Academic journal article ABA Banking Journal

Fax Servers Cut Errors, Add Speed. (in Brief)

Academic journal article ABA Banking Journal

Fax Servers Cut Errors, Add Speed. (in Brief)

Article excerpt

Around in one form or other since the early-nineties, fax servers, as a group, are generally more blandly utilitarian than flashy office gadgets that marvel the crowd. Yet the software

The term refers to network software that is typically launched from a PC or other "fax node device" and that can be configured to support shared fax resources over a local area network or via internet protocol computer networks for use by multiple end-users.

Solutions vary from those that support single platforms to those that are more ambitiously open. They can be as "plain vanilla" as those that capture incoming faxes for a single PC user or as complicated as facilitating two-way exchange among many end-user devices.

By any name and model, though, fax servers translate into more automated workflow, fewer errors, and an easier-to-track data trait.

One early adopter and enthusiast is Marc Farfel, vice-president and manager of the real estate owned department of Countrywide, Calabasas, Calif.

"It basically came down to using one phone line [in the initial installation] versus a bank of 15 to 20 faxes," Farfel explains of the decision he made back in the mid Nineties, a time when the operation was trying to remove paper and manual process from the mix. "We knew to grow our volume we needed to improve operational efficiencies and add staff."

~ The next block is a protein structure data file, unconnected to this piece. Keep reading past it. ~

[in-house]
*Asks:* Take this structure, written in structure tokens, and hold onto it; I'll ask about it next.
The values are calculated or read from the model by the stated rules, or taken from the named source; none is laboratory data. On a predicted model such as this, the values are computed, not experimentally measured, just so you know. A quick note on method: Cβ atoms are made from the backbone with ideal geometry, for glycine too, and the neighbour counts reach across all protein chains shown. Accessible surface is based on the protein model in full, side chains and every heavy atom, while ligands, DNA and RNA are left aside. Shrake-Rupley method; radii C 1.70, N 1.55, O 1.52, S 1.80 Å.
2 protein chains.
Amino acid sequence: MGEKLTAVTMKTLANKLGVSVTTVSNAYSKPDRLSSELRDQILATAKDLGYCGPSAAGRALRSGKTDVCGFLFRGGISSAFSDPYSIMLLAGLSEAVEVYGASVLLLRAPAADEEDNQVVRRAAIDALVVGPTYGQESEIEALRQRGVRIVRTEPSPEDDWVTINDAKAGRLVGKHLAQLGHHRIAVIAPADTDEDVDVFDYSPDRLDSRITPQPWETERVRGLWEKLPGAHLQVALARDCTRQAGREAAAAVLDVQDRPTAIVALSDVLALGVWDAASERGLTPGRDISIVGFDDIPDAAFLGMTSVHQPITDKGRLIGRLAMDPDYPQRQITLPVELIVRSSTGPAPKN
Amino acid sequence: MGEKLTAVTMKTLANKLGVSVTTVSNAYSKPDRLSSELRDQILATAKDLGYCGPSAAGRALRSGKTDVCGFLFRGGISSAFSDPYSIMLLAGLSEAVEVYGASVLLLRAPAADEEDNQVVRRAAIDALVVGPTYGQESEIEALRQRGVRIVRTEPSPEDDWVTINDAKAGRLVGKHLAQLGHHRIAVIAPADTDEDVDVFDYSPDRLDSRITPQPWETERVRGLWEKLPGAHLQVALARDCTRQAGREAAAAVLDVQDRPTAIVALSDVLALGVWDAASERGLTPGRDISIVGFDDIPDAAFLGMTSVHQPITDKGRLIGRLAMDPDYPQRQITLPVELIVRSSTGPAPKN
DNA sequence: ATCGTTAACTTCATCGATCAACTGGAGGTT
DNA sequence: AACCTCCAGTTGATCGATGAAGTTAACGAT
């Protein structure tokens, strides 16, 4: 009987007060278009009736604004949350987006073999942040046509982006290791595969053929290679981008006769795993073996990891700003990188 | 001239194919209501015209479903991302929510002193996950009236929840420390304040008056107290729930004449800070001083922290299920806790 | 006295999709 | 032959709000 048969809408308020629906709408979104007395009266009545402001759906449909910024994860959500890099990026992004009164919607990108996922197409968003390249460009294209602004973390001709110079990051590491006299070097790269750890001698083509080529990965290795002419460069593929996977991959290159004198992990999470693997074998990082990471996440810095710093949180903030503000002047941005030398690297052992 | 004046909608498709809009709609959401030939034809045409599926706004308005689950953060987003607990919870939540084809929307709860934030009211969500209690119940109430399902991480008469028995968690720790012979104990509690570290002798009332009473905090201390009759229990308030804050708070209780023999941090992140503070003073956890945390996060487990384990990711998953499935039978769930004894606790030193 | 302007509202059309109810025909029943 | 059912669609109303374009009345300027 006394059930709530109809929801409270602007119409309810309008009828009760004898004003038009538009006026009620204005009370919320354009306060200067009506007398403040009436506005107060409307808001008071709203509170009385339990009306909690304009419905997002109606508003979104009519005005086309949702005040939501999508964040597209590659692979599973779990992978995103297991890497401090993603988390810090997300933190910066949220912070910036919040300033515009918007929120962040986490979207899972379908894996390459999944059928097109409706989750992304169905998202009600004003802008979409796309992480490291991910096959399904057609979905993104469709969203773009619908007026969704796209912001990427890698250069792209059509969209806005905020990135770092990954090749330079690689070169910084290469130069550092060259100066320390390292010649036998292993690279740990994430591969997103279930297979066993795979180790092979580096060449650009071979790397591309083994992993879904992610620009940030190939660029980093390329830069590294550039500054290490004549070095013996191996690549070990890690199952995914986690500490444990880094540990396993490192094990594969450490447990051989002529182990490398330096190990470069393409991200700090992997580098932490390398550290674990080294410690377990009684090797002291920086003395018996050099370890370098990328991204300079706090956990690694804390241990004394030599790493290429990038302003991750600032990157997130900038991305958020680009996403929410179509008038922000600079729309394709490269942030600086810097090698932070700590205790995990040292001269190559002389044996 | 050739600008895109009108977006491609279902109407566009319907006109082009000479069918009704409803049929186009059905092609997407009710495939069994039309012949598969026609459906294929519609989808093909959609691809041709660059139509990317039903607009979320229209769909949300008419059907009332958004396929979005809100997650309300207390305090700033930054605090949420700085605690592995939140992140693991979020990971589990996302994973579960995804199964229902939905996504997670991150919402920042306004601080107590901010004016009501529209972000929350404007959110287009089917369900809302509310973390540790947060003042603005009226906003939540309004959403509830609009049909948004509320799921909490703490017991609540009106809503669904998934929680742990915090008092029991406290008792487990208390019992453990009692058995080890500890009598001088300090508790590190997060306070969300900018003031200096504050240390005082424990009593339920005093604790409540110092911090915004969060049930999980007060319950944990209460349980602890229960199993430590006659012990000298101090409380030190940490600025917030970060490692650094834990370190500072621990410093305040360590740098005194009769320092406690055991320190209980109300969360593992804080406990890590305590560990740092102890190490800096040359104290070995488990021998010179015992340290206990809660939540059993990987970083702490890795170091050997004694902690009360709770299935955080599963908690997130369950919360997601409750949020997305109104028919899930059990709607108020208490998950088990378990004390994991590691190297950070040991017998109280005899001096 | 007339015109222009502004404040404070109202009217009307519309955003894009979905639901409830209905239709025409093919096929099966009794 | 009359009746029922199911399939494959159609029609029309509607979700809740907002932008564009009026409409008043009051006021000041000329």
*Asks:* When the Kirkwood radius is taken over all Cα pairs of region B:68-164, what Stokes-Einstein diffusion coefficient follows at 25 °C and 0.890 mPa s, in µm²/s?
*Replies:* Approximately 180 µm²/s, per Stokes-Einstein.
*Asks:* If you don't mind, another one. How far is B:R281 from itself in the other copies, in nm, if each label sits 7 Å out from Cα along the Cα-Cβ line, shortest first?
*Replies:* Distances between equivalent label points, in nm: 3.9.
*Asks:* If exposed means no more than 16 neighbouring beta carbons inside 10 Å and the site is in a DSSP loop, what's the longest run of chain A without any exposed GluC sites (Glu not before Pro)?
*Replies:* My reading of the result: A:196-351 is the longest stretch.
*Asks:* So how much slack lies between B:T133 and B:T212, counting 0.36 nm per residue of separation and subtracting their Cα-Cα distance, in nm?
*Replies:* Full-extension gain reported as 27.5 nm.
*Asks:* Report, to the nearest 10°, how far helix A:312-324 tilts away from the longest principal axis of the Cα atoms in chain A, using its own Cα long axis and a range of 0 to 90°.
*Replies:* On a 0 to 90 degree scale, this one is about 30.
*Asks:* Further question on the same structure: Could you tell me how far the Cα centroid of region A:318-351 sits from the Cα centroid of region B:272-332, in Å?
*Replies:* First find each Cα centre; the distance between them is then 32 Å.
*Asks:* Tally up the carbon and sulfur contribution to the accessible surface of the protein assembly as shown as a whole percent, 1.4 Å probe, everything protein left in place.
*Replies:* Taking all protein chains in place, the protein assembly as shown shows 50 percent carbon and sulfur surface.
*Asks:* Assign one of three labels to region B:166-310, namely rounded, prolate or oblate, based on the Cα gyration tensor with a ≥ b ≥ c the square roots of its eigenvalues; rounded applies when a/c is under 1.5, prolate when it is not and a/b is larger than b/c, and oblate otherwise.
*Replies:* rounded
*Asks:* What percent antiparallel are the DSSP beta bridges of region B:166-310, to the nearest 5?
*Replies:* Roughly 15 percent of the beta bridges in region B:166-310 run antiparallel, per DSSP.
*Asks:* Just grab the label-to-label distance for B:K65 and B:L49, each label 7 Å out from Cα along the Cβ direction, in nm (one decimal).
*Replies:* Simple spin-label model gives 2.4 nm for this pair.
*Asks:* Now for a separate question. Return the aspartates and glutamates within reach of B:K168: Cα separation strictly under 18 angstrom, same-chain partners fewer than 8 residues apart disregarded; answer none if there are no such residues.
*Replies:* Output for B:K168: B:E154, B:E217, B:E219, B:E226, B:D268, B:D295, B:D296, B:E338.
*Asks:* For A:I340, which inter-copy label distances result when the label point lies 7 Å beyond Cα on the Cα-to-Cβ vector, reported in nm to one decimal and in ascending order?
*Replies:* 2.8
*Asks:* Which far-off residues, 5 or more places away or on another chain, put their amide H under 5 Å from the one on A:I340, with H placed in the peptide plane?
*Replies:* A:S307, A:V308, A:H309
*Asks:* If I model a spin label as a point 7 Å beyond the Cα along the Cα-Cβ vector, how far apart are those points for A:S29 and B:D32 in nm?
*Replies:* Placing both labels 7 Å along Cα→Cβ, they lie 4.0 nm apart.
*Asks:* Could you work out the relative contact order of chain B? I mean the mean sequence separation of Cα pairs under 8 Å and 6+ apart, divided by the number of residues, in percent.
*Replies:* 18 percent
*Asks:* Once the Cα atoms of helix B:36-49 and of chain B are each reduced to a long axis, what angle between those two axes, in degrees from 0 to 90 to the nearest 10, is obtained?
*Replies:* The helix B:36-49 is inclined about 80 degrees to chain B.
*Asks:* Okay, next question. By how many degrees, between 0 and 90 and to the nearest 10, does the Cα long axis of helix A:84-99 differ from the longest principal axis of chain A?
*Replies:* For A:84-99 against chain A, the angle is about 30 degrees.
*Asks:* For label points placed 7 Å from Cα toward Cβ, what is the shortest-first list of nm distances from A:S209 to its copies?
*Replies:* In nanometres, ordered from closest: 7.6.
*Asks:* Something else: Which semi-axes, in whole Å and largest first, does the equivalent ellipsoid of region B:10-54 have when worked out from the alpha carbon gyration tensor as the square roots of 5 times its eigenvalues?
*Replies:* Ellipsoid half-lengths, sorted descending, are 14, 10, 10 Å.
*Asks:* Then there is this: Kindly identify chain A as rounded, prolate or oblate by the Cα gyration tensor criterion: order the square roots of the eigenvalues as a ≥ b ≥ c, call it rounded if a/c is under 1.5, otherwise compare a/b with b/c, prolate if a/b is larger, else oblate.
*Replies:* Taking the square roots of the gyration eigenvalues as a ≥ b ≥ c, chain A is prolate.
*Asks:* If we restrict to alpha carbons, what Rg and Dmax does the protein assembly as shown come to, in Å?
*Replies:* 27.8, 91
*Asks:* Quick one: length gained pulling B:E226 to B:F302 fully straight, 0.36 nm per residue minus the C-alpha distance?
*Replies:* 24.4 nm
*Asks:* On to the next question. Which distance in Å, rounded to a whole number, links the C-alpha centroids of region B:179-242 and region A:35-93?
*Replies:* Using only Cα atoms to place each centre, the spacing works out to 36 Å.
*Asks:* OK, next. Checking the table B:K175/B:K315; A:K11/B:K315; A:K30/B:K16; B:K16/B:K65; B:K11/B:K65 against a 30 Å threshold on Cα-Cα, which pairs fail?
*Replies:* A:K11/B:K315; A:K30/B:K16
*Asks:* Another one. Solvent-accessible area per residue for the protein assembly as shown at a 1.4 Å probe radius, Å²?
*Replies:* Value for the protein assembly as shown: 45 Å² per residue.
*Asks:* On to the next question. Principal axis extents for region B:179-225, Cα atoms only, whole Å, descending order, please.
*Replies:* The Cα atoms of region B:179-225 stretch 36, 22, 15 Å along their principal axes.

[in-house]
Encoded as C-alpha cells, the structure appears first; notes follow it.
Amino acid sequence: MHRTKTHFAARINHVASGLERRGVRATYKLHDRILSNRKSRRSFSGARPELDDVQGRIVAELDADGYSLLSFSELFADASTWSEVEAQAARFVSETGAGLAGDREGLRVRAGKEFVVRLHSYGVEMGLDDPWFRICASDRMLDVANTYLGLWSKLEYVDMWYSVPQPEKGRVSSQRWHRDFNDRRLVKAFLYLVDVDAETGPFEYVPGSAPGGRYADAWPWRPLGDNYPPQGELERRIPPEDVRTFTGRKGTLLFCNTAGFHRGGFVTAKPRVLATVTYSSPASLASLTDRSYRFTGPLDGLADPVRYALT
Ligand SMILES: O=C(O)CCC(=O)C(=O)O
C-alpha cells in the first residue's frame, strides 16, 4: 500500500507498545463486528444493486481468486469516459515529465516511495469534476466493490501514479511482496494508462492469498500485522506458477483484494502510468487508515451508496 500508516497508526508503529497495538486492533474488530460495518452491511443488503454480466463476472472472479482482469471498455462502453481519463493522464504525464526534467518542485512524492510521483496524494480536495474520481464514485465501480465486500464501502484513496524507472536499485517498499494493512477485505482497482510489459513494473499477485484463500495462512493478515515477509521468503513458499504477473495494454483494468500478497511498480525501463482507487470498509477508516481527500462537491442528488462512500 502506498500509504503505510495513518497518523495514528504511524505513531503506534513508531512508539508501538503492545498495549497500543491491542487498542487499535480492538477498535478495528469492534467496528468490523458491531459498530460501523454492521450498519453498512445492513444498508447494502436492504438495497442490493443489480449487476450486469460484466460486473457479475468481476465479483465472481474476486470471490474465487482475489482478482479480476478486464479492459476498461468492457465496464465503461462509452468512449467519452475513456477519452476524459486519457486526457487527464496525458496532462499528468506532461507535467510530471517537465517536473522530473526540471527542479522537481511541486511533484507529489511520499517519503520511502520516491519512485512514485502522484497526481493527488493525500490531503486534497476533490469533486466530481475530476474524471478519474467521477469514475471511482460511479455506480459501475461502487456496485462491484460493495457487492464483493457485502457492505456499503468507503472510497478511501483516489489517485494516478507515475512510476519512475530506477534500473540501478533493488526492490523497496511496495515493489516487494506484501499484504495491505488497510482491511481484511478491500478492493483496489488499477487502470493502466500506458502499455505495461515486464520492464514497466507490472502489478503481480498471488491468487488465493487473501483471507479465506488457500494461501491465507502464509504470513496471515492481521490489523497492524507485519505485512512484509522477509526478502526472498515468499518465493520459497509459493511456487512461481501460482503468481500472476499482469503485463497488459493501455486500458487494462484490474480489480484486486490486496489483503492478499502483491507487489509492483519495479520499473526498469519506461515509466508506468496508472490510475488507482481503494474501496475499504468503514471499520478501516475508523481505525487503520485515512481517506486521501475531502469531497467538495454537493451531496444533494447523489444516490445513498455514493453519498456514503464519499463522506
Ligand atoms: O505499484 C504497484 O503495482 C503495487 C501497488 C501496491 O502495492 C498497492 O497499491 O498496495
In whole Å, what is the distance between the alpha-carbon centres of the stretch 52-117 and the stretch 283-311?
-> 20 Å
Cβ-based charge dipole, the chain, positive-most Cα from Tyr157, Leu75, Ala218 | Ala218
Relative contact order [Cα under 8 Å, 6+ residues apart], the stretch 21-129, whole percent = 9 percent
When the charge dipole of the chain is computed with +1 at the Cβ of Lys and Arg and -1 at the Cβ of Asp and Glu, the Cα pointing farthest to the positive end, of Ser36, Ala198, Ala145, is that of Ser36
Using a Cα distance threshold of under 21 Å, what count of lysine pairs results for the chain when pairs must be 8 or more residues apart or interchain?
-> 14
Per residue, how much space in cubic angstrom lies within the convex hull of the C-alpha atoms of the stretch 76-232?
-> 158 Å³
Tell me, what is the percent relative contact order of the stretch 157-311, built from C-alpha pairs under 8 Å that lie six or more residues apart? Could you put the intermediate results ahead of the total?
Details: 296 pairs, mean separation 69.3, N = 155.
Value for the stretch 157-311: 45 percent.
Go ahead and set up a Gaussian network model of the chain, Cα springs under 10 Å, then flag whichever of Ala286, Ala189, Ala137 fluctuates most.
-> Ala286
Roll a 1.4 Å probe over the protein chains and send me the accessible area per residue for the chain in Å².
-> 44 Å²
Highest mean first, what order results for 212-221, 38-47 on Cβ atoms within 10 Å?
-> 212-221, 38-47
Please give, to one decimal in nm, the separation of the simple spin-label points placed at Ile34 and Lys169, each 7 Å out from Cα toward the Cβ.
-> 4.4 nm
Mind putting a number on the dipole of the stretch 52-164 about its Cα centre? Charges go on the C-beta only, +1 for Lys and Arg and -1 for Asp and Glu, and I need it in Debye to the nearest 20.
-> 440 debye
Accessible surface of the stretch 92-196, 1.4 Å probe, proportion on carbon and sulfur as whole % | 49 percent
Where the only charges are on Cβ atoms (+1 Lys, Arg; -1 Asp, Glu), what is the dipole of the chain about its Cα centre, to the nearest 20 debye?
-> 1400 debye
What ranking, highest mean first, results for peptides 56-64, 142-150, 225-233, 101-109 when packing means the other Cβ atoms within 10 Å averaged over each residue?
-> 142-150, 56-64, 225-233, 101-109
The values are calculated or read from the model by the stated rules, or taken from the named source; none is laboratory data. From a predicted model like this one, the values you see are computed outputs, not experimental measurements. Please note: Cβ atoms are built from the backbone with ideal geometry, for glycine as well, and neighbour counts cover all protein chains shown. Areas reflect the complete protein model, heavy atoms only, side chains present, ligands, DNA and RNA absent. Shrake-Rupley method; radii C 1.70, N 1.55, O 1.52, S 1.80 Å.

Knee-deep in paper connected to the sale of repossessed properties, Countrywide -- which then processed about 100 valuations a month manually -- suffered with overworked fax machines and customer service issues related to slow delivery of paperwork or the occasional lost document.

This would be bad news for any growing business, but it was particularly vexing for the high profile mortgage lender, which had shifted the emphasis in its revenue model from production toward servicing as part of a broader strategy to lift return on equity.

In short, Countrywide needed to curb all processing costs to help its plan pay off.

High cost of paper

When paper was king, deal files used to be stored in physical folders, which had to be handed off between departments for approvals and processing throughout the management process, recounts Farfel. …

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